However, a model of the behaviour of ascorbic acid content as a function of storage time, which clearly obeys an exponential negative law, was observed for the majority of the samples. Only Raf cultivar stored without ethylene absorber sachets and Rama cultivar stored with sachets, which gave a graph with a linear tendency, seemed to behave differently from the others.

However, it appeared to be reasonable to obtain a similar behaviour model in all of the cases, rather than a different one for each sample. This fact was later confirmed when, in adjusting the exponential model, the correlation coefficients obtained were statistically significant in all the samples.

Therefore, variations in the ascorbic acid content of tomatoes during storage in the previously mentioned conditions obey an exponential function. In Table 1 the equations obtained for each of the samples and the corresponding correlation coefficients are reported. The loss of ascorbic acid during storage may have been the result of oxidation of ascorbic acid due to its sensitivity to O2, light and temperature as previously reported Nagy [42]. In addition, at the end of the storage, both groups of Cherry cultivars (with and without sachets) showed the highest ascorbic acid content (20.38 and 13.90 mg/100 g, respectively).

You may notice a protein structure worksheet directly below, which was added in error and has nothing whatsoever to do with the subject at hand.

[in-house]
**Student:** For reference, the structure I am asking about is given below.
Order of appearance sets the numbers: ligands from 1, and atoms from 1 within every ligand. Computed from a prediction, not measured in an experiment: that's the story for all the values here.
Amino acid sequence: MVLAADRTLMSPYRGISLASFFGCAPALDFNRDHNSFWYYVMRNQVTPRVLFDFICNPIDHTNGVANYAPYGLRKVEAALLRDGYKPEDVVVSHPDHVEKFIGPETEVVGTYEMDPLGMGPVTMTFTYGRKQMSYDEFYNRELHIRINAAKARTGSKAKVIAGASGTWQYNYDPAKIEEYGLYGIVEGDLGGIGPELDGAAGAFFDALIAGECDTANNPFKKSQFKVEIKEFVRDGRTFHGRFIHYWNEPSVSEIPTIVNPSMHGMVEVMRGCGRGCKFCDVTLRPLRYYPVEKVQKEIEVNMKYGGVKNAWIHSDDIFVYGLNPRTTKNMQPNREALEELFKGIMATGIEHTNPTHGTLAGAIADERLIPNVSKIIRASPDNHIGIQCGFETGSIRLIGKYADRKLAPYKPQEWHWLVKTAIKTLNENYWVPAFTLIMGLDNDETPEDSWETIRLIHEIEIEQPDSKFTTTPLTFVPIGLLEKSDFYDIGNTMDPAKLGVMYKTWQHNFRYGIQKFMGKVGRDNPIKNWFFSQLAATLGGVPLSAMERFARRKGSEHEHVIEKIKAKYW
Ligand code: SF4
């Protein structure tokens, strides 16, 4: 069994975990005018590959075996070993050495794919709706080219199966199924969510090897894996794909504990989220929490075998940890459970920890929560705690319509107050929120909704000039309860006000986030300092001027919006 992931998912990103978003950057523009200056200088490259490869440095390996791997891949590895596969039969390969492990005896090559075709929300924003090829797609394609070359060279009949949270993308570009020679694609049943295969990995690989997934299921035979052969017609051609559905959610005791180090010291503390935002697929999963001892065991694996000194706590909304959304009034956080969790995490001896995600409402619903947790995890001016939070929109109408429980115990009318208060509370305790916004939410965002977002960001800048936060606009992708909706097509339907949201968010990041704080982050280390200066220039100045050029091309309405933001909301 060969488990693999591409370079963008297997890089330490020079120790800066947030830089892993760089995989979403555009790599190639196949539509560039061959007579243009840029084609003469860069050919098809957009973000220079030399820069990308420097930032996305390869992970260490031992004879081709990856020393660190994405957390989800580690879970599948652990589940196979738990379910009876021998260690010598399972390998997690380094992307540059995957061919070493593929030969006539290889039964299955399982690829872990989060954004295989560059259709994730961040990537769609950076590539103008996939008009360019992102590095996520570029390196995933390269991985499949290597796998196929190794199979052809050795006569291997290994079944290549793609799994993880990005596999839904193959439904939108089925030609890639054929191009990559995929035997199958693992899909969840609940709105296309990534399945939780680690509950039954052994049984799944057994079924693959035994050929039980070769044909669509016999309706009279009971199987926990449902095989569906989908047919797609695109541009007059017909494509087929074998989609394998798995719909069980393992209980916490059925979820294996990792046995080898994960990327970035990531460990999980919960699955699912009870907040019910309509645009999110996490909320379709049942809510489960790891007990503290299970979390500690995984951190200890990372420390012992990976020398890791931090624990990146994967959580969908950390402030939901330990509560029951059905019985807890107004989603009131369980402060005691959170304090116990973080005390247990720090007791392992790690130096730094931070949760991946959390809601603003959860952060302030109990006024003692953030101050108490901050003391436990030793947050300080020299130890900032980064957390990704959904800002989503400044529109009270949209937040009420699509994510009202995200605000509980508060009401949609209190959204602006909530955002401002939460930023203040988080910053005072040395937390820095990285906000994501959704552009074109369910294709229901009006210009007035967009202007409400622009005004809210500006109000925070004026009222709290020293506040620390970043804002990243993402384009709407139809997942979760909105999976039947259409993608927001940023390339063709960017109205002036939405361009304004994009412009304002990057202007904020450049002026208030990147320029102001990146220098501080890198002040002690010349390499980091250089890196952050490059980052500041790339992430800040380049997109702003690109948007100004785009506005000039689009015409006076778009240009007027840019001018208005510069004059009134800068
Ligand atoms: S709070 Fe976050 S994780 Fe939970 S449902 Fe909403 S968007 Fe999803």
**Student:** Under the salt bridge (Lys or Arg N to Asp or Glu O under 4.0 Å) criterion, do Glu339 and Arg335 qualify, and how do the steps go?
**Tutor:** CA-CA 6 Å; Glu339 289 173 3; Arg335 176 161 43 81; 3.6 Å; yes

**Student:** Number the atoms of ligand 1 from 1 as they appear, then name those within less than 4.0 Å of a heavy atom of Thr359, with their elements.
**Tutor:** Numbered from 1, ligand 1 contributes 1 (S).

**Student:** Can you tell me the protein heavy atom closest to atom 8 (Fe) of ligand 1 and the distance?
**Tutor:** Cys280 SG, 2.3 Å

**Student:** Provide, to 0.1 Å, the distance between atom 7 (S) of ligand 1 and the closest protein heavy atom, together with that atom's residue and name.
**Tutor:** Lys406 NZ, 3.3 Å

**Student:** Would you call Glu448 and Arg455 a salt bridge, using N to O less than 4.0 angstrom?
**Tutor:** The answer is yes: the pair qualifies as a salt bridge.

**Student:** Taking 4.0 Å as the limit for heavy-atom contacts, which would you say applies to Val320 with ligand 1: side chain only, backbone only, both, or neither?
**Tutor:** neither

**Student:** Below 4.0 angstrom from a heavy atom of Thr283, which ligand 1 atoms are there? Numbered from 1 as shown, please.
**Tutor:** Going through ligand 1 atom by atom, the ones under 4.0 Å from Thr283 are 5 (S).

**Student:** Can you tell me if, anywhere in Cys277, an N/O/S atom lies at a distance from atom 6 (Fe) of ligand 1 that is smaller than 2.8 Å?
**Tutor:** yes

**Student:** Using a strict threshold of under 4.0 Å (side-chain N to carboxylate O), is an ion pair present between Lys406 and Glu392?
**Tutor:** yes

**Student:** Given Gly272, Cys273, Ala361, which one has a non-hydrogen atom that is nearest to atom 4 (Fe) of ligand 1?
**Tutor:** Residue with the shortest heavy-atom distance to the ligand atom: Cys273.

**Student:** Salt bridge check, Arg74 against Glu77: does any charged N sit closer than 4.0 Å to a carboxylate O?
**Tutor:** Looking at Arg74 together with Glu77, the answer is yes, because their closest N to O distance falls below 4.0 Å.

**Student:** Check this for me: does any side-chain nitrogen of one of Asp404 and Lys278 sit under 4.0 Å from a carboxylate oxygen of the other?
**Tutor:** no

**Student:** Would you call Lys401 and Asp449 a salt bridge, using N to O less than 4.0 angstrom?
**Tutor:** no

A comparison of the slopes of the degradation curves showed a behaviour that depends on the cultivar and the presence of ethylene absorber sachets. Overall, all the samples with ethylene absorber sachets showed a higher content in ascorbic acid content at the end of the storage than the samples without ethylene absorbers except Raf cultivar (with sachets 7.2±0.2 mg/100 g, without sachets 10±0.1 mg/100 g). It is stated that potassium permanganate absorbs ethylene and degradates it to CO2 and water which results in an increase of CO2 content at storage atmosphere [29]. In addition, increase in concentration of carbon dioxide blocks the synthesis of endogenous ethylene [37] which is a ripening gas for fruits and vegetables. From this point of view it is accessible that using ethylene absorber laminas for Raf cultivar caused a slowed down ripening period which ended with lower ascorbic acid content than without laminas group.